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Bram Stoker's Notes for Dracula: A Facsimile Edition
Bram Stoker, annotated and transcribed by Robert Eighteen-Bisang & Elizabeth Miller
McFarland & Company, 342 pages

Bram Stoker's Notes for Dracula: A Facsimile Edition
Bram Stoker
Bram Stoker, third of seven children, was born in Clontarf, a suburb of Dublin, on November 8, 1847. He was a sickly child who made a curious recovery by the age of seven. He attended Trinity College in Dublin where he was both a debater and an athlete; he graduated in 1870 with honors. He began working as a civil servant at Dublin Castle, but also pursued private interests. He obtained an advanced degree in mathematics and wrote theatre reviews for the Dublin Evening Mail, a pastime which led to a friendship and professional relationship with the English actor Sir Henry Irving.

In 1878 Stoker married Florence Balcombe, a noted Victorian beauty; their son Irving Noel Stoker was born on December 31, 1879. Stoker became the business manager of the Lyceum Theatre in London (owned by Irving) and remained in that position for 27 years. In addition, he wrote many novels and short stories as well as non-fiction.

Dracula, a chilling masterpiece of Gothic horror, was first published in 1897 and has never been out of print since. Although it was not the first story about a vampire, it became the most well-known and has since had a huge impact on popular culture as respectful interpretation as well as imitation and parody. It has been estimated that over 1,000 films have been inspired by the Dracula story.

Stoker died in London on April 20, 1912.

Past Feature Reviews
A review by Richard A. Lupoff

Talk about expectation versus experience! I will confess that I thought this book was going to be a total snoozer. A facsimile of a hundred or so pages of dubiously legible notes by a long-dead author, for a novel that he wrote well over a century ago. The author was Abraham "Bram" Stoker (1847–1912) and the novel was Dracula (1897).

Was I ever wrong!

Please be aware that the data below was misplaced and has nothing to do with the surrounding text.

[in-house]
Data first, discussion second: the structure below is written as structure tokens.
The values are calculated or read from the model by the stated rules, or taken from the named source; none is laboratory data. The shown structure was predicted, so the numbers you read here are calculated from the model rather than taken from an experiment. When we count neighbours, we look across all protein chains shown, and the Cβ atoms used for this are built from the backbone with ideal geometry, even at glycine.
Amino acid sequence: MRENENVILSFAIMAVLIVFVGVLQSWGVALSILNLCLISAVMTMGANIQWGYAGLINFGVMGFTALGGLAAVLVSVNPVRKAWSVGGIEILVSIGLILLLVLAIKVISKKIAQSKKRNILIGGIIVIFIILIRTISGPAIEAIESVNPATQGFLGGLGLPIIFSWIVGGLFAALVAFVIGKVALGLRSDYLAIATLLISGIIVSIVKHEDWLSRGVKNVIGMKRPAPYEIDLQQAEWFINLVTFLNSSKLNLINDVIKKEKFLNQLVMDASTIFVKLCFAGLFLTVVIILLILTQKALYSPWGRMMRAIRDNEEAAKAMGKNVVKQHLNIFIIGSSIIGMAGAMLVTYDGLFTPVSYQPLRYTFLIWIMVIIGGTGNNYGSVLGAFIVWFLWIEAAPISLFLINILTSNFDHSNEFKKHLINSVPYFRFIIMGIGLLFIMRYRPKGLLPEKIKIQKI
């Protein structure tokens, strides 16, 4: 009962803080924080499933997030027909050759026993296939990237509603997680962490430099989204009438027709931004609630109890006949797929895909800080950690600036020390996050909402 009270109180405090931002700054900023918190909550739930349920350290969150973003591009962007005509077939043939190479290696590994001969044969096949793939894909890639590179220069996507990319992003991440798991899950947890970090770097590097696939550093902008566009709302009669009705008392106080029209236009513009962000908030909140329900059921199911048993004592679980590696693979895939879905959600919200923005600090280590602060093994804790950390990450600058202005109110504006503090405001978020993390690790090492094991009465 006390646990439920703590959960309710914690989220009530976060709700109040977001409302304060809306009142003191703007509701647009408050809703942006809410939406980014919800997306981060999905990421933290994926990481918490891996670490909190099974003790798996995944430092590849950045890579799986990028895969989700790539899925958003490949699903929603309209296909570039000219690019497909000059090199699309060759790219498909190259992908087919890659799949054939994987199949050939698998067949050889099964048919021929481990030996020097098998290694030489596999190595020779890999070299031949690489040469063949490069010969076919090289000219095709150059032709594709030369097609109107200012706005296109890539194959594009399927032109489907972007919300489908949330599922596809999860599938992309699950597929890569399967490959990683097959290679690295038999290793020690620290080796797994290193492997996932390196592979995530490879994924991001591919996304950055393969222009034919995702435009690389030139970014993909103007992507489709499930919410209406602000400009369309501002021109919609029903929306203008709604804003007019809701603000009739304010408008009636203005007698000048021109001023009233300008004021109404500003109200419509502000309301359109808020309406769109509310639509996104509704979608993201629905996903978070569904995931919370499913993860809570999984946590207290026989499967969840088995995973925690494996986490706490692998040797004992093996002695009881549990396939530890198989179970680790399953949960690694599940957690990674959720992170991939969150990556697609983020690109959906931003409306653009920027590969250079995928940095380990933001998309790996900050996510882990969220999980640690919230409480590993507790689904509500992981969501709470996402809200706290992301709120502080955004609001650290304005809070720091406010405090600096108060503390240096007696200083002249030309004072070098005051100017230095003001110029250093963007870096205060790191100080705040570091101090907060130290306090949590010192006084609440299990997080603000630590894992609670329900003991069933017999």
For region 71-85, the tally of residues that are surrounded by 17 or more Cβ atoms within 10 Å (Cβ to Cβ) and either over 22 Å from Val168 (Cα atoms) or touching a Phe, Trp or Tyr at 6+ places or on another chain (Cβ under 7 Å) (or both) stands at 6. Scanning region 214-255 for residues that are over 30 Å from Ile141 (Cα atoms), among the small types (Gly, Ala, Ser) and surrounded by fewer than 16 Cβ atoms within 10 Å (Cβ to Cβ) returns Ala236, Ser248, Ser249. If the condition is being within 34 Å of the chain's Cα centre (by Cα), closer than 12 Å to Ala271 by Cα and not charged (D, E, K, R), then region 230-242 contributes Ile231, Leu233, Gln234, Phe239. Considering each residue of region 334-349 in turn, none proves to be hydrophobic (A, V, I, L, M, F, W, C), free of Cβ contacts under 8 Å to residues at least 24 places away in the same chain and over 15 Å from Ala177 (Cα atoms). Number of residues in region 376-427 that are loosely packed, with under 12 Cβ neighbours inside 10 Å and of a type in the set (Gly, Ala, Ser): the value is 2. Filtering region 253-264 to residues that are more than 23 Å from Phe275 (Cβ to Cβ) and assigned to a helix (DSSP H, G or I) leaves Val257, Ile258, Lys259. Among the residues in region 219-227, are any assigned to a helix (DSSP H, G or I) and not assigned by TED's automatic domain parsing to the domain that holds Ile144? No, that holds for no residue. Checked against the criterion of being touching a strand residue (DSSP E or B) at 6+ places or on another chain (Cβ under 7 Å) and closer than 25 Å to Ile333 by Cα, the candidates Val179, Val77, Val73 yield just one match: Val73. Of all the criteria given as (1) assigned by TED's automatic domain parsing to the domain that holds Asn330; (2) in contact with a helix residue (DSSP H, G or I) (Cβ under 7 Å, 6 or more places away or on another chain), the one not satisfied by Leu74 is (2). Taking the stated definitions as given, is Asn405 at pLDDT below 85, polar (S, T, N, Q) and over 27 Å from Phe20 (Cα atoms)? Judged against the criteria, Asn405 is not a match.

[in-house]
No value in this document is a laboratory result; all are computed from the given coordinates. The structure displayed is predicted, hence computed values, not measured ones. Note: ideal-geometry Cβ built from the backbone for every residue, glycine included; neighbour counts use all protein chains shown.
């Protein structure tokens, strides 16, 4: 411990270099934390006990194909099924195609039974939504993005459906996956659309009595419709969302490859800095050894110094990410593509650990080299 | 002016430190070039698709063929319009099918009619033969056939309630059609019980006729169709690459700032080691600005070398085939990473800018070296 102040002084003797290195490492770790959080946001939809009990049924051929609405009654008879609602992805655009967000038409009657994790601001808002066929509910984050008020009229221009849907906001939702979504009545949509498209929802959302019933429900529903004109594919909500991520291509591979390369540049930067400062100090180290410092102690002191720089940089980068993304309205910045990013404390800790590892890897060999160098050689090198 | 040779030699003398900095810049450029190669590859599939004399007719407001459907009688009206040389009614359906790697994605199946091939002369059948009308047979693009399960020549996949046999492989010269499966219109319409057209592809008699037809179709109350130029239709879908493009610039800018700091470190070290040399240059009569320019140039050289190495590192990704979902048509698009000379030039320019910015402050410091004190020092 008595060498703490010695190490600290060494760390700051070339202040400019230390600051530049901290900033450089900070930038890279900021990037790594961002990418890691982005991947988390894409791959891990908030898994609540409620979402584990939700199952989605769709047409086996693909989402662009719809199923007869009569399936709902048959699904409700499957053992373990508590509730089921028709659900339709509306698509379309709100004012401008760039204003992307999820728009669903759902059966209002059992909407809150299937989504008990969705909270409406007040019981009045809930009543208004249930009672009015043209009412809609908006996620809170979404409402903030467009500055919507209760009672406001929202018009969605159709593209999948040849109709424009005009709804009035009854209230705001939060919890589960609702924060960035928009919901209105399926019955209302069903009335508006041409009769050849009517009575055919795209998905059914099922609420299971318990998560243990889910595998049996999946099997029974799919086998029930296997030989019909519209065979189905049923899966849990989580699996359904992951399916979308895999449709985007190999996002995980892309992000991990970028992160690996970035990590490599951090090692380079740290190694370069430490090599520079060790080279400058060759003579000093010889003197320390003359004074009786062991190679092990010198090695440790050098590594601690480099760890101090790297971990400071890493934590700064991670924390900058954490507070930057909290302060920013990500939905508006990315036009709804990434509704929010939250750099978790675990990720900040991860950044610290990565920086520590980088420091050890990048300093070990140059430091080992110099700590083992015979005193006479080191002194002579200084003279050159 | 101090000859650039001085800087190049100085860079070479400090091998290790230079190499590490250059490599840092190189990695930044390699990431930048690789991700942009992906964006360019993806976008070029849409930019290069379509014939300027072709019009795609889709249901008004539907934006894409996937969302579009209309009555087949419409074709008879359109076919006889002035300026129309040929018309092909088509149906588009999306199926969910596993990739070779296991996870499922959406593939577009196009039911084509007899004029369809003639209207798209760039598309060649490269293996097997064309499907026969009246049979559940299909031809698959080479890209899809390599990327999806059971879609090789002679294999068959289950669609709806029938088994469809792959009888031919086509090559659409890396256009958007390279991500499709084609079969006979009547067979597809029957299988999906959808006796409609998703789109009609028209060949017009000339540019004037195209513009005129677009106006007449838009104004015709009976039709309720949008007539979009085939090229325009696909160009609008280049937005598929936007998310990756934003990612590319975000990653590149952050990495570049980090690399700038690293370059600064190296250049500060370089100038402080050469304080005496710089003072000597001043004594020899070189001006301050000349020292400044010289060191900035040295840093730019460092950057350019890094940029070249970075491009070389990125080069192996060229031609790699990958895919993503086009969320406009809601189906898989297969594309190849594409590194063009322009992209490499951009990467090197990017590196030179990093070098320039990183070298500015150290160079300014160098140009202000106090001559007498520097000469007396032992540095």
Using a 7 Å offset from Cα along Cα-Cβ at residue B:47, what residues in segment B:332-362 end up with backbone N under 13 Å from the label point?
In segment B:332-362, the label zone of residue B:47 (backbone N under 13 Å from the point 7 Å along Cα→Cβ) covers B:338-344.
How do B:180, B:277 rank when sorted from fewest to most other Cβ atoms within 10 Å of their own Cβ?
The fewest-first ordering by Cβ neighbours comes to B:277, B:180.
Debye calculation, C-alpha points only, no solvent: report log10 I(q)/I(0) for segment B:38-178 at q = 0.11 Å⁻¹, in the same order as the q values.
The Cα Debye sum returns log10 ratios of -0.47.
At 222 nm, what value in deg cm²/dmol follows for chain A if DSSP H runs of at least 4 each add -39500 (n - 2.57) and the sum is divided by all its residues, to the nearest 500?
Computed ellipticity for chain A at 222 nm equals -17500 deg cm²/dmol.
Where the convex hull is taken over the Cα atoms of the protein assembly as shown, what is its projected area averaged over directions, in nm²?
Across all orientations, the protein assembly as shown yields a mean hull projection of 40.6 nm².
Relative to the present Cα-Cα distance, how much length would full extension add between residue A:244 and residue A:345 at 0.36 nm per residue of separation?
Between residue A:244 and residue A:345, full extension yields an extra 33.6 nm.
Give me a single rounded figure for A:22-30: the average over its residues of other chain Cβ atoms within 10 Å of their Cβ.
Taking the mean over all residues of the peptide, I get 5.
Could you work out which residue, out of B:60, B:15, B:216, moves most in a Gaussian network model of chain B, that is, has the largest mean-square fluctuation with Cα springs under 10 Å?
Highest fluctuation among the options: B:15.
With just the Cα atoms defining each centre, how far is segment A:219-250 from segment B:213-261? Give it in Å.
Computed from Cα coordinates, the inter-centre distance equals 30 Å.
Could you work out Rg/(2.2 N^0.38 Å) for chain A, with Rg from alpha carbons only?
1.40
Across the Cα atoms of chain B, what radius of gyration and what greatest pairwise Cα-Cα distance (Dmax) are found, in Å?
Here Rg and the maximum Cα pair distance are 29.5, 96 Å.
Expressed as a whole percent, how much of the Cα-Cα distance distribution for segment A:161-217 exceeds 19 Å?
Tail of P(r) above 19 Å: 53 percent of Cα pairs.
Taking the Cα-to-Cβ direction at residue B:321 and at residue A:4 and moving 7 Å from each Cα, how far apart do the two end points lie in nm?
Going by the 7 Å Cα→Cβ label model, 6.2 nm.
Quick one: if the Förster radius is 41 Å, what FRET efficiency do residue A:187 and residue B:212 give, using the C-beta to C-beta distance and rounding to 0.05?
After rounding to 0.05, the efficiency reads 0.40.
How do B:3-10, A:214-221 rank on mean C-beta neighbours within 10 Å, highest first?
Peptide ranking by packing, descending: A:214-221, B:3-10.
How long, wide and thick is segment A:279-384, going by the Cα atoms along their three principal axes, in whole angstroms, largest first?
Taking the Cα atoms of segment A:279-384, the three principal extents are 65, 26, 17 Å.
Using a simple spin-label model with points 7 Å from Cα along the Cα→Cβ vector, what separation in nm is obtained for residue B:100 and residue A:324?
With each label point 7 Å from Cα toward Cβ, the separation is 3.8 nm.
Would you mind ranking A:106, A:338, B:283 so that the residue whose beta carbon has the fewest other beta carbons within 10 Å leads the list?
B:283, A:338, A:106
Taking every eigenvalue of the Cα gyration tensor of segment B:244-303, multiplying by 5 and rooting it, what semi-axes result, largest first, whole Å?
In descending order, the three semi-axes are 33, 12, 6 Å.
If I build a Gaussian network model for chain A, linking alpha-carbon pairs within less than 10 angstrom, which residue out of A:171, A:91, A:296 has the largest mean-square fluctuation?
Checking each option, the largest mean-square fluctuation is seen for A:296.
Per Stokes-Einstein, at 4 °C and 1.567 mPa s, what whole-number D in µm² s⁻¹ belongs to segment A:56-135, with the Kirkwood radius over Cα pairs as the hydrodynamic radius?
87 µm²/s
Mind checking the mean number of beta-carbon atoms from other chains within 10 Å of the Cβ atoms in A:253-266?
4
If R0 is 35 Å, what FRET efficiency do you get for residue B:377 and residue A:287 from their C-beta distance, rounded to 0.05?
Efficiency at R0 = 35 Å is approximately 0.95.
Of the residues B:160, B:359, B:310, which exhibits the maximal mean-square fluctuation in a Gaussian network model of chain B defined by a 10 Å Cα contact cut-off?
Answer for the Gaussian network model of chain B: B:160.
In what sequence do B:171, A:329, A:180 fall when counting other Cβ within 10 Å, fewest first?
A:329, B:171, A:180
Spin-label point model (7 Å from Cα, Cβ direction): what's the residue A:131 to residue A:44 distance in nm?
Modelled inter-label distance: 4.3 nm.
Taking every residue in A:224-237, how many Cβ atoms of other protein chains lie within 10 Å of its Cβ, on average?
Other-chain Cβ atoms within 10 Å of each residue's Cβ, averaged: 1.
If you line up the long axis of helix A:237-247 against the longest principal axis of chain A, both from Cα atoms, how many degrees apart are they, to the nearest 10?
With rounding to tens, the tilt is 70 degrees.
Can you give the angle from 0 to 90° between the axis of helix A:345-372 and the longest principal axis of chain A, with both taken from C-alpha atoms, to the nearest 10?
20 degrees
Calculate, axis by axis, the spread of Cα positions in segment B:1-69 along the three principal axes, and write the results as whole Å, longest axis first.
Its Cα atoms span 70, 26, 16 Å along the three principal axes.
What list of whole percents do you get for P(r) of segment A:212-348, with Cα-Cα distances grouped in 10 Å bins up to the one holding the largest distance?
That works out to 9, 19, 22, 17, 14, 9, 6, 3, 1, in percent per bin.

First of all, I've tried to decipher Stoker's handwriting on the facsimile pages of this book, and it is indeed a daunting chore. Fortunately, the editors have painstakingly worked over the manuscript pages and provided a clear transcript, including alternate interpretations of those words upon which scholars disagree. Beyond this, they furnish an exegesis of every one of Stoker's notes. Here is a typical example:

Kate Reed to Lucy Westenra telling of Harker's visit to the school to see Mina Murray & of Mina's confidence & her story -- with postscript telling how she thought after writing it would be well to ask Mina's permission before telling her story -- she knows it all over long ago & that she goes to stay with her on summer holiday at Whitby

Eighteen-Bisang and Miller:
Kate Reed is probably the unnamed messenger Lucy alludes to when she says, "Someone has evidently been telling tales (5:56). McNally and Florescu believe that "Mrs. Westenra seems to have taken [Kate Reed's] place... in the novel (26). Frayling renders "over" as "dead." However, either wording supports his conclusion that Kate Reed had "some 'story' which is of interest to Mina" and the fact "that 'it is all dead long ago' " allows them "to remain friends." He then wonders, "Could it possibly have been a romance with Jonathan?"

As you can see, there is an ongoing "conversation" among such Stoker / Dracula scholars as Raymond McNally, Radu Florescu, Christopher Frayling, and the current commentators. It is fascinating to observe their discussions at the same time that one follows the development of Dracula in Bram Stoker's mind and in his notes. There is not a single, coherent Stoker notebook, however. The author was a busy man with a "day job" as manager of the Lyceum Theatre in London, as well as having a home and family life. He made notes on any scrap of paper that was handy, including the backs of Lyceum Theatre letterhead. He went back over his notes repeatedly, changing references, crossing out lines and adding others.